Meanwhile I wish everyone a good day and Happy Thanksgiving to those who keep this tradition,
20 Nov 2016
Mr P. and I are back from a trip to Italy. This year because of health problems we were a month late in getting there, but we managed the travelling and were ready for the change of scene.
This year we missed the gathering of the grapes and the beginning of the process for making wine. The harvest was poor due to frost and hailstorms damaging the newly-formed grapes and many of our relatives bought grapes from elsewhere to make some wine for their own use. The olives have also been gathered and pressed to produce oil for home consumption. My sister-in-law and her husband who used to live in England were pleased with the amount of oil that was produced from their olive trees on the land around their house. These trees are relatively new having been planted some ten years ago. As usual we were given fresh eggs, vegetables, oil, wine and other produce whilst we were there and invited for meals. My sister-in-law had looked after the house since we were over in April, although I don't expect her to as she's not in good health. In fact, none of us can do what we used to. (Mr. P is the youngest male of a large family and has two younger sisters. We're all in our late sixties, seventies and eighties). On the other hand, everyone lives nearby with a sister and a brother and their families living along the lane from our house. Our car was a little unreliable, but it needs using and by the end of the time away it was ticking over when we needed to go out. There were offers of lifts if necessary.
I keep a daily journal so I shall reproduce some notes here with photos of our time in Italy on my blog. Since house and garden maintenance tasks remain mainly the same from season-to-season and year-to-year regular readers will probably want to give this blog post a miss. Other blog posts will be about some practicalities of travelling and living in Italy, the usual visit to the Abbey church and one or two posts on places in Rome's historic city centre.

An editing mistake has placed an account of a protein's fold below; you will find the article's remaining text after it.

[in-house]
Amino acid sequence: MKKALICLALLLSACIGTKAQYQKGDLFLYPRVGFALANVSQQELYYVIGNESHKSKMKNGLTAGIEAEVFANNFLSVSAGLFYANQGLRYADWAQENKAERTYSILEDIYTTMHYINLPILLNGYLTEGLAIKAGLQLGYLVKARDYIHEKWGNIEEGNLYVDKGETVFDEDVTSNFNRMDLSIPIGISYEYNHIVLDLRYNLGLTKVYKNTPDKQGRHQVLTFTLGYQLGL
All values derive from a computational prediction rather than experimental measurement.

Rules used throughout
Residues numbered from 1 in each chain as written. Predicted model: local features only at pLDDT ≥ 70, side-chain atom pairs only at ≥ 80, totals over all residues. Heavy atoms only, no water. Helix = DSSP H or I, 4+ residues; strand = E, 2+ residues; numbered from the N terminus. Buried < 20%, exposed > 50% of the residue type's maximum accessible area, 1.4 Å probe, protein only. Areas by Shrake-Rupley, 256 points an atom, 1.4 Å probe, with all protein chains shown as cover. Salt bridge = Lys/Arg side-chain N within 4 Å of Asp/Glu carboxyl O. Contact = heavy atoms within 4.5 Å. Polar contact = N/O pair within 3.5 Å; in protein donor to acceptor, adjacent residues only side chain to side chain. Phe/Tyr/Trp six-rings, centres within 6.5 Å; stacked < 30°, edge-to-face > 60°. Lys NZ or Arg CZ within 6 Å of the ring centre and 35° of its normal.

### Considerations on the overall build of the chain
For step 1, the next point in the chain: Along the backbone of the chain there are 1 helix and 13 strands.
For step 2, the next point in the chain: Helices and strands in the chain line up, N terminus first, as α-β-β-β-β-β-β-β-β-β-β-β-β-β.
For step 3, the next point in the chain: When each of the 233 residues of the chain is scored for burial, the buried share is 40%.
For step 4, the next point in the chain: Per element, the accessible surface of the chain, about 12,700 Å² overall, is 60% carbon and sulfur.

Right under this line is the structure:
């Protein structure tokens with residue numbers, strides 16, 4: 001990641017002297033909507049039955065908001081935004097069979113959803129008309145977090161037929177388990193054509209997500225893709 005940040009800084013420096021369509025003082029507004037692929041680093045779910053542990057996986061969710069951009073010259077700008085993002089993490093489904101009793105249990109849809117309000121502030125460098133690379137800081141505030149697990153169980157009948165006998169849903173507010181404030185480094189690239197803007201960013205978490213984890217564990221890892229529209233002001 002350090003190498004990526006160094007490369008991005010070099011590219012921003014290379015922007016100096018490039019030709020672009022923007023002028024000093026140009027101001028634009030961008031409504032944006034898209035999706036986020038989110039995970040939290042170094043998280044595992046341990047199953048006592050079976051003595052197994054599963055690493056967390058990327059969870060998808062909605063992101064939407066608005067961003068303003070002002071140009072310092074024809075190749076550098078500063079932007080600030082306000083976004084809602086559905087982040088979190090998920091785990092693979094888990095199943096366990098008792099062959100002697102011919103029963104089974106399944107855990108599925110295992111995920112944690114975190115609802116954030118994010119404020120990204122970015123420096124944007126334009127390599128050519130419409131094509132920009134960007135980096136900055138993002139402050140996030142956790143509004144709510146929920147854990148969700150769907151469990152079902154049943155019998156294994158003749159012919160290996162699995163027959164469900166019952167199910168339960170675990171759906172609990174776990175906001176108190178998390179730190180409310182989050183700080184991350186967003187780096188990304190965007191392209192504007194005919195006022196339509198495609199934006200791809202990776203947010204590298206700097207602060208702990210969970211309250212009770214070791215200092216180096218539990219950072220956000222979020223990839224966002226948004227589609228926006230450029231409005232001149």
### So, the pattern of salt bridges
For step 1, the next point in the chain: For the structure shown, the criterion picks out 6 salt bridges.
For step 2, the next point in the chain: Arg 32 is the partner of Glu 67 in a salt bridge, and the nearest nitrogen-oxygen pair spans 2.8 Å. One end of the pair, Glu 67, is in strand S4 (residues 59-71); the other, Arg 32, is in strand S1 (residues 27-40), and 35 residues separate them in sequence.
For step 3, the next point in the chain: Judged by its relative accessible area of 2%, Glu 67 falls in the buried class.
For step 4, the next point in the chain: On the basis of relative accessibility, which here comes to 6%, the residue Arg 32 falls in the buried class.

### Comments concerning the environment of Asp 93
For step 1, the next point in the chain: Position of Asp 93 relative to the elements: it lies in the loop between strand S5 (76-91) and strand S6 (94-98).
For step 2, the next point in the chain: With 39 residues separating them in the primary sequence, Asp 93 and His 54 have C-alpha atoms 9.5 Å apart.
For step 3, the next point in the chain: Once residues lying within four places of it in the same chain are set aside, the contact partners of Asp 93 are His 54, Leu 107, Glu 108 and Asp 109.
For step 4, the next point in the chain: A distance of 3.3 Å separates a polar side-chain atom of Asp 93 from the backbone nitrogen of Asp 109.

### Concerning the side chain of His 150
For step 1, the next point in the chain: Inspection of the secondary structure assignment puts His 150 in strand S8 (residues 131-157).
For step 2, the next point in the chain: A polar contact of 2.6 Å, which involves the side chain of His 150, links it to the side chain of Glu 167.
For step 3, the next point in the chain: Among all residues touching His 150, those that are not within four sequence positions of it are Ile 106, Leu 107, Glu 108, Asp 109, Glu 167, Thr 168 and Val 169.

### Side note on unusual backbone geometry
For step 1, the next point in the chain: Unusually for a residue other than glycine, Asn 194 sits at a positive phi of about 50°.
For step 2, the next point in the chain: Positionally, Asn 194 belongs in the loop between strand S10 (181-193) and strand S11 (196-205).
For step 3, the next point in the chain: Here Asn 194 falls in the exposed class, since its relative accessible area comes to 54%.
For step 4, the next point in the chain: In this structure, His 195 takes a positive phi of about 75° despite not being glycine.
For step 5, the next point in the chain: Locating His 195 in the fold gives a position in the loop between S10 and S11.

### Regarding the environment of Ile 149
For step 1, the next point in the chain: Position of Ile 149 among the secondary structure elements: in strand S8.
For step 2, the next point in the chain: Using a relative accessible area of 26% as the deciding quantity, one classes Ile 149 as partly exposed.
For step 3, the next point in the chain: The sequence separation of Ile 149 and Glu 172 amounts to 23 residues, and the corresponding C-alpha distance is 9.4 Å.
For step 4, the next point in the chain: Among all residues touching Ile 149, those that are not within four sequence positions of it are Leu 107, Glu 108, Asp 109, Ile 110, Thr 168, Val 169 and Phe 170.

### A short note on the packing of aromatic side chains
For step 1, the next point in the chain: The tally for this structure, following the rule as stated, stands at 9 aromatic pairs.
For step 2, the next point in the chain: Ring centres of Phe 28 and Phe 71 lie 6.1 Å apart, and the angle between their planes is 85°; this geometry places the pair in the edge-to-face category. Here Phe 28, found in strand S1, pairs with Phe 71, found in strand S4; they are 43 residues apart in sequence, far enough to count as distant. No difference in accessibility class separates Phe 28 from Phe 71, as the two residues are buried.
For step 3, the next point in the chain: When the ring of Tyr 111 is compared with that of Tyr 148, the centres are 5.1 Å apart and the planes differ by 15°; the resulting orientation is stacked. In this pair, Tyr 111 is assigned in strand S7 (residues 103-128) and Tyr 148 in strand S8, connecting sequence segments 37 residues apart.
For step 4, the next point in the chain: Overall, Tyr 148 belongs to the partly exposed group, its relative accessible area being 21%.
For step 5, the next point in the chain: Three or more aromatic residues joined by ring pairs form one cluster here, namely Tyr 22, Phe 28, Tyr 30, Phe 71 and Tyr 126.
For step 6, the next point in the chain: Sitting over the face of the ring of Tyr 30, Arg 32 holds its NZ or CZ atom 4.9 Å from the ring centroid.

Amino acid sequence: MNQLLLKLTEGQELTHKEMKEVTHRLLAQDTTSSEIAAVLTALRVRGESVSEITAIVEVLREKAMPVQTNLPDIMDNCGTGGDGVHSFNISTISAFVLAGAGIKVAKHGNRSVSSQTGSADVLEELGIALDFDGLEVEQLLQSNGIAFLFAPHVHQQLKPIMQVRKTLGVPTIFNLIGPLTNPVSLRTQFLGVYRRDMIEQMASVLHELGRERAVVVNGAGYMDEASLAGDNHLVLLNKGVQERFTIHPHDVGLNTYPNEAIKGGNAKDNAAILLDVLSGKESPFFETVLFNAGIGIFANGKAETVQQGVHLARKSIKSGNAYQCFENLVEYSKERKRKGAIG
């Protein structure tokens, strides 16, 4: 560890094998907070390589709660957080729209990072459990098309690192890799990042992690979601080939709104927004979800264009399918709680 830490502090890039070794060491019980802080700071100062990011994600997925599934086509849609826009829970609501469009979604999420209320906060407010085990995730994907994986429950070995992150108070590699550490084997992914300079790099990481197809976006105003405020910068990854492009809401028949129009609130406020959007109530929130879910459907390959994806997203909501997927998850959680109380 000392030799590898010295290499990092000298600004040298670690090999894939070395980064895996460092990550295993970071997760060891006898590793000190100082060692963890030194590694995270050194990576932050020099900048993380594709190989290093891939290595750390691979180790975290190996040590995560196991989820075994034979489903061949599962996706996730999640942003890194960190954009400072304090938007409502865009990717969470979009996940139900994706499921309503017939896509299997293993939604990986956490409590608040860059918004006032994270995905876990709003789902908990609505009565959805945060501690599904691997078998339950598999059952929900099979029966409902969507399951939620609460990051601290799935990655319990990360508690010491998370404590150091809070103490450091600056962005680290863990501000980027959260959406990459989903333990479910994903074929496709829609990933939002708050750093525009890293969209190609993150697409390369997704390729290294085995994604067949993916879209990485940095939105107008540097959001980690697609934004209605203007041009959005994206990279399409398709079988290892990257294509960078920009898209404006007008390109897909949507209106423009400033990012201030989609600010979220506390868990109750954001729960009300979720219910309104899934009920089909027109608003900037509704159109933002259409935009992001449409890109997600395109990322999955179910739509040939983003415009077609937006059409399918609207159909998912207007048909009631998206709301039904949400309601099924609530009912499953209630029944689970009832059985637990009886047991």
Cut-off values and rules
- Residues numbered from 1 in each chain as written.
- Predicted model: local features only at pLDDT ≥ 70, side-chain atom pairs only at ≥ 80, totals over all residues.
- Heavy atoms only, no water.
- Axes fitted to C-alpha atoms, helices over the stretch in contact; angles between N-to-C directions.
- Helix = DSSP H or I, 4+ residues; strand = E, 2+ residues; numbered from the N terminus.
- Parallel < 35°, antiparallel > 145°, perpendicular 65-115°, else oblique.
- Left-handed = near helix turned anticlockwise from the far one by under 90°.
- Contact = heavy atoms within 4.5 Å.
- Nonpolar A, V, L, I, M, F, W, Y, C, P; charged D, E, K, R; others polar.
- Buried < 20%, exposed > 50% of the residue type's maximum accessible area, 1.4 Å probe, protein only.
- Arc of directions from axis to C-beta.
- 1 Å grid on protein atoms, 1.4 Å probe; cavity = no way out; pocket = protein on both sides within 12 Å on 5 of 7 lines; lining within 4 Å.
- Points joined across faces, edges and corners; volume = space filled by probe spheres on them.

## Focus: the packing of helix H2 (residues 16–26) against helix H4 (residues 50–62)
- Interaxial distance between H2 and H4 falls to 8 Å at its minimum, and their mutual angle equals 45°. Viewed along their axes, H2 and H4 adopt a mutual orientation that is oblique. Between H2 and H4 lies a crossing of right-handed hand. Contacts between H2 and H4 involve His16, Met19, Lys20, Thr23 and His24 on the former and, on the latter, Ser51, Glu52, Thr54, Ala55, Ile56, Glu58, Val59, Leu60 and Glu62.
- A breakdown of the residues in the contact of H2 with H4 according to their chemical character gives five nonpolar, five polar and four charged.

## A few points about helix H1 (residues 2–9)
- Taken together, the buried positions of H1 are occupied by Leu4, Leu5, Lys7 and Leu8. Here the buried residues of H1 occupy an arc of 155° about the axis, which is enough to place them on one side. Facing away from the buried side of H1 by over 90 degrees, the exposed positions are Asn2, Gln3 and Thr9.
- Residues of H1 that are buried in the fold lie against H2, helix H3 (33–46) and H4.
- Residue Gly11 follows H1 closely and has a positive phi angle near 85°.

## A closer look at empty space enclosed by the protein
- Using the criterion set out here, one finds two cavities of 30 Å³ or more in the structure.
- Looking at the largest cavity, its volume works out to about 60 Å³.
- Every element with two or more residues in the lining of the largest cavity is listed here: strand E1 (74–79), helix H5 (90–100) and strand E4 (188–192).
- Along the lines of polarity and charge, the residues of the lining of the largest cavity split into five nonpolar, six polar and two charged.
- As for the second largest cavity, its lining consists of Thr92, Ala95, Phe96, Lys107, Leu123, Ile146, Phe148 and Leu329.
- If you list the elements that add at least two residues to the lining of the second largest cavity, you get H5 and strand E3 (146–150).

Above is how we left the grounds in April.
The vines this November, pretty to look at but a lot of work needed to
clear up the falling leaves.
The first afternoon when we arrived there was thunder, lightening and heavy rain so that the man with the tractor and mower could not come until the vegetation had dried out. The land was once a vineyard until Mr. P. decided to cut down the plants because gathering the grapes and producing wine was no longer viable, but the wild vines continue to grow through. Rotavating the land is not an option.
After two days of drizzly rain we woke up to frost first thing in the morning followed by sun and blue skies and the rest of our time we were thankful for good, dry weather.
Pruning the long branches on the vines and tying them back onto the supporting wires
One or two roses were still blooming.
Sundown and snow on the distant mountains
We were glad of the wood burning stove that runs the central heating and gives us hot water.
It's an alternative to the calor gas central heating system which we can also use.
the super moon
Looking forward to catching up with your news. Wishing you a good day,